Personal Data Protection (PDP) Bill, 2019

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December 06, 2019

Why in news?

The Personal Data Protection (PDP) Bill, 2019, has been approved by the Cabinet and is to be placed in Parliament.

How important has ‘data principal’ become?

  • The individual whose data is being stored and processed is called the ‘data principal’ in the PDP Bill.
  • It usually refers to information about one’s messages, social media posts, online transactions, and browser searches.
  • This large collection of information about one’s online habits has become an important source of profits.
  • On the other hand, it is also a potential avenue for invasion of privacy because it can reveal extremely personal aspects.
  • Thus, companies, governments, and political parties find it valuable as it offers the scope for having the most convincing ways to advertise online.
  • Certainly, much of the future’s economy and law enforcement will be based on data regulation, introducing issues of national sovereignty.

How is data handled and processed?

  • Data is collected and handled by entities called data fiduciaries.
  • While the fiduciary controls how and why data is processed, the processing itself may be done by a third party, the data processor.
  • This distinction is important to delineate responsibility as data moves from entity to entity.
  • E.g. in the US, Facebook (the data controller) fell into controversy for the actions of the data processor, Cambridge Analytica
  • The physical attributes of data - where data is stored, where it is sent, where it is turned into something useful - are called data flows.
  • Data localisation arguments are premised on the idea that data flows determine who has access to the data, who profits off it, who taxes and who “owns” it.
  • However, many contend that the physical location of the data is not relevant in the cyber world.

How does the PDP Bill propose to regulate data transfer?

  • To legislate on the topic, the Bill trifurcates personal data.
  • The umbrella group is all personal data, which is data from which an individual can be identified.
  • Some types of personal data are considered sensitive personal data (SPD).
  • The Bill defines as SPD, the data on finance, health, sexual orientation, biometric, genetic, transgender status, caste, religious belief, and more.
  • Another subset is critical personal data.
  • The government at any time can deem something critical, and has given examples as military or national security data.
  • In the Bill approved by the Cabinet, there are 3 significant changes from the version drafted by the Justice B N Srikrishna Committee.

How does the Bill differ from the earlier draft?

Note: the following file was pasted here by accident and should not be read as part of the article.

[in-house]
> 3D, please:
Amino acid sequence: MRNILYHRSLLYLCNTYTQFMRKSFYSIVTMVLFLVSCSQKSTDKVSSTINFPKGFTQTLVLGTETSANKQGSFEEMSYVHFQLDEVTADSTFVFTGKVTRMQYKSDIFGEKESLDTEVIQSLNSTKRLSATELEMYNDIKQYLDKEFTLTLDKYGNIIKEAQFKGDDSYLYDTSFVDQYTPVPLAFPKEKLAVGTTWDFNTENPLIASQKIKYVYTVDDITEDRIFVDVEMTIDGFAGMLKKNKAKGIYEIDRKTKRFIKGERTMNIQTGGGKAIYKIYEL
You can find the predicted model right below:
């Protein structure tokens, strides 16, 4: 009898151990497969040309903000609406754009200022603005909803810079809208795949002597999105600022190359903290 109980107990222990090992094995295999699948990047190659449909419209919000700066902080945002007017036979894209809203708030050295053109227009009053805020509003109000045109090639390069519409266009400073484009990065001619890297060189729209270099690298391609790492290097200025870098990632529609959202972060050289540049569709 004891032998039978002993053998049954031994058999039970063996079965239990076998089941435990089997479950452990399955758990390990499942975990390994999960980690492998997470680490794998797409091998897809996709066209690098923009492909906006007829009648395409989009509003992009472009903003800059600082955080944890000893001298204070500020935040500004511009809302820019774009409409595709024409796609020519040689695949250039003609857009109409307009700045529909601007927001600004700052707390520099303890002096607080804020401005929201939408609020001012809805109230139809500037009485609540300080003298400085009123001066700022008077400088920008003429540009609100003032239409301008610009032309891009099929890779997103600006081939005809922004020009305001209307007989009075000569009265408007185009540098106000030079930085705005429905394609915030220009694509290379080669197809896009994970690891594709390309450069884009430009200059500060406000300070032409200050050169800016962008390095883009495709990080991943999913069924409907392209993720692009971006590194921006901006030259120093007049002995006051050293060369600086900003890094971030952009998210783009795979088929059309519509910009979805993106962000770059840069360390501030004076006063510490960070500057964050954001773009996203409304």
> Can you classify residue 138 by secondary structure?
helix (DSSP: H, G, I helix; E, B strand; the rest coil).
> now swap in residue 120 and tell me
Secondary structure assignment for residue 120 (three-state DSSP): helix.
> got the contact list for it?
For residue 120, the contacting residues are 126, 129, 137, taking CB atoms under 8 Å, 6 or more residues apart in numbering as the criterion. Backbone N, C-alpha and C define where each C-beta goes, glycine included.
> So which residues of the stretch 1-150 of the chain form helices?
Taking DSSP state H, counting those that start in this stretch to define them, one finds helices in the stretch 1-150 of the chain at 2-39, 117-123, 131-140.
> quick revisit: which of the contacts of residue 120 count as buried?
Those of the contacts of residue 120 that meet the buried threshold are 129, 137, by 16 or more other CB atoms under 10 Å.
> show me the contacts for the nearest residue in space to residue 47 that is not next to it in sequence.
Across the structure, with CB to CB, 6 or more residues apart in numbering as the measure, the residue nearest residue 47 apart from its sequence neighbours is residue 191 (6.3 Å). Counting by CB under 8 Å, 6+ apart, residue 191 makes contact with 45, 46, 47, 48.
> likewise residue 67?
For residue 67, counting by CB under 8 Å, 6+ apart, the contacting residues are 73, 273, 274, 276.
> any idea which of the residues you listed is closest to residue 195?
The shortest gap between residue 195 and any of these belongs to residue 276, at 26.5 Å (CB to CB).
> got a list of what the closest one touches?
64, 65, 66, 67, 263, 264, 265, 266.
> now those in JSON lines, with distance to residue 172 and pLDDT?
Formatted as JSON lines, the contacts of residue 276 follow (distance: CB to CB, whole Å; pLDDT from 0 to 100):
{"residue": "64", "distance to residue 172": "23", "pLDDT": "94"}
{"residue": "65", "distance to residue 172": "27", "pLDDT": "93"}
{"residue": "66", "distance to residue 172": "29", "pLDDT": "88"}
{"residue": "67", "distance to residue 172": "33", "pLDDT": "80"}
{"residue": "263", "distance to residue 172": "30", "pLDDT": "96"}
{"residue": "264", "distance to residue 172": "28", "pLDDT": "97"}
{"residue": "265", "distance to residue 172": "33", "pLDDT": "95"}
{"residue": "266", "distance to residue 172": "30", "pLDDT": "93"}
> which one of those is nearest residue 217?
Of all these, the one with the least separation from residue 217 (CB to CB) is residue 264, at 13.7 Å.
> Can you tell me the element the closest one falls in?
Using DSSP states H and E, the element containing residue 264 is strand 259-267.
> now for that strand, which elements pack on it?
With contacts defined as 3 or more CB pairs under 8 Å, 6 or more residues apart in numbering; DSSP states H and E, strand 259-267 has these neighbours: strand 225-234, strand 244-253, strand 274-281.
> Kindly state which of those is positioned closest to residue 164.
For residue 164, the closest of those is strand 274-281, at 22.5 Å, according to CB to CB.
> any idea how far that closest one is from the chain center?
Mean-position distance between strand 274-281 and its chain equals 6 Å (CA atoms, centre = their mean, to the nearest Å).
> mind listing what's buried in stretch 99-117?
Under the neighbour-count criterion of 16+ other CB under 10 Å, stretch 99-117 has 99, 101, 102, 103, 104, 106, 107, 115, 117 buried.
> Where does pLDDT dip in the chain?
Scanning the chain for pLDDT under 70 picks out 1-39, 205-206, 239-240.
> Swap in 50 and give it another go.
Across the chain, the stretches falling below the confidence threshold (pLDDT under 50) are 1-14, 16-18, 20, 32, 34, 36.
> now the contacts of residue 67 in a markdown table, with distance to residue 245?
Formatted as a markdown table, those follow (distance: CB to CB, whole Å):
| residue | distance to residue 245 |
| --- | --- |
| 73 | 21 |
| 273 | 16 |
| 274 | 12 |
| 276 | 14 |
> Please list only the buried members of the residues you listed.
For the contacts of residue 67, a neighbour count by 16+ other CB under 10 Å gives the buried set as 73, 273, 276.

• Localisation - The draft had said all fiduciaries must store a copy of all personal data in India.
  • This was criticised by foreign technology companies that store most of Indians’ data abroad.
  • The approved Bill removes this stipulation, only requiring individual consent for data transfer abroad.
  • Similar to the draft, however, the Bill still requires sensitive personal data to be stored only in India.
  • It can be processed abroad only under certain conditions including approval of a Data Protection Agency (DPA).
  • The final category of critical personal data must be stored and processed in India.
  • Information - The Bill mandates fiduciaries to give the government any non-personal data when demanded.
  • Non-personal data refers to anonymised data, such as traffic patterns or demographic data.
  • The previous draft did not apply to this type of data, which many companies use to fund their business model.
  • Social media companies - Some social media companies are deemed to be significant data fiduciaries based on factors such as volume and sensitivity of data and their turnover.
  • The Bill requires these companies to develop their own user verification mechanism.
  • The process can be voluntary for users and can be completely designed by the company.
  • However, it will decrease the anonymity of users and “prevent trolling.”

What are the other key features?

  • The Bill includes exemptions for processing data without an individual’s consent for “reasonable purposes”.
  • This includes security of the state, detection of any unlawful activity or fraud, whistle-blowing, medical emergencies, credit scoring, operation of search engines and processing of publicly available data.
  • The Bill calls for the creation of an independent regulator DPA, which will oversee assessments and audits and definition making.
  • Each company will have a Data Protection Officer (DPO) who will cooperate with the DPA for auditing, grievance redressal, recording maintenance and more.


Source: Indian Express

Related Article: White Paper on Data Protection Framework

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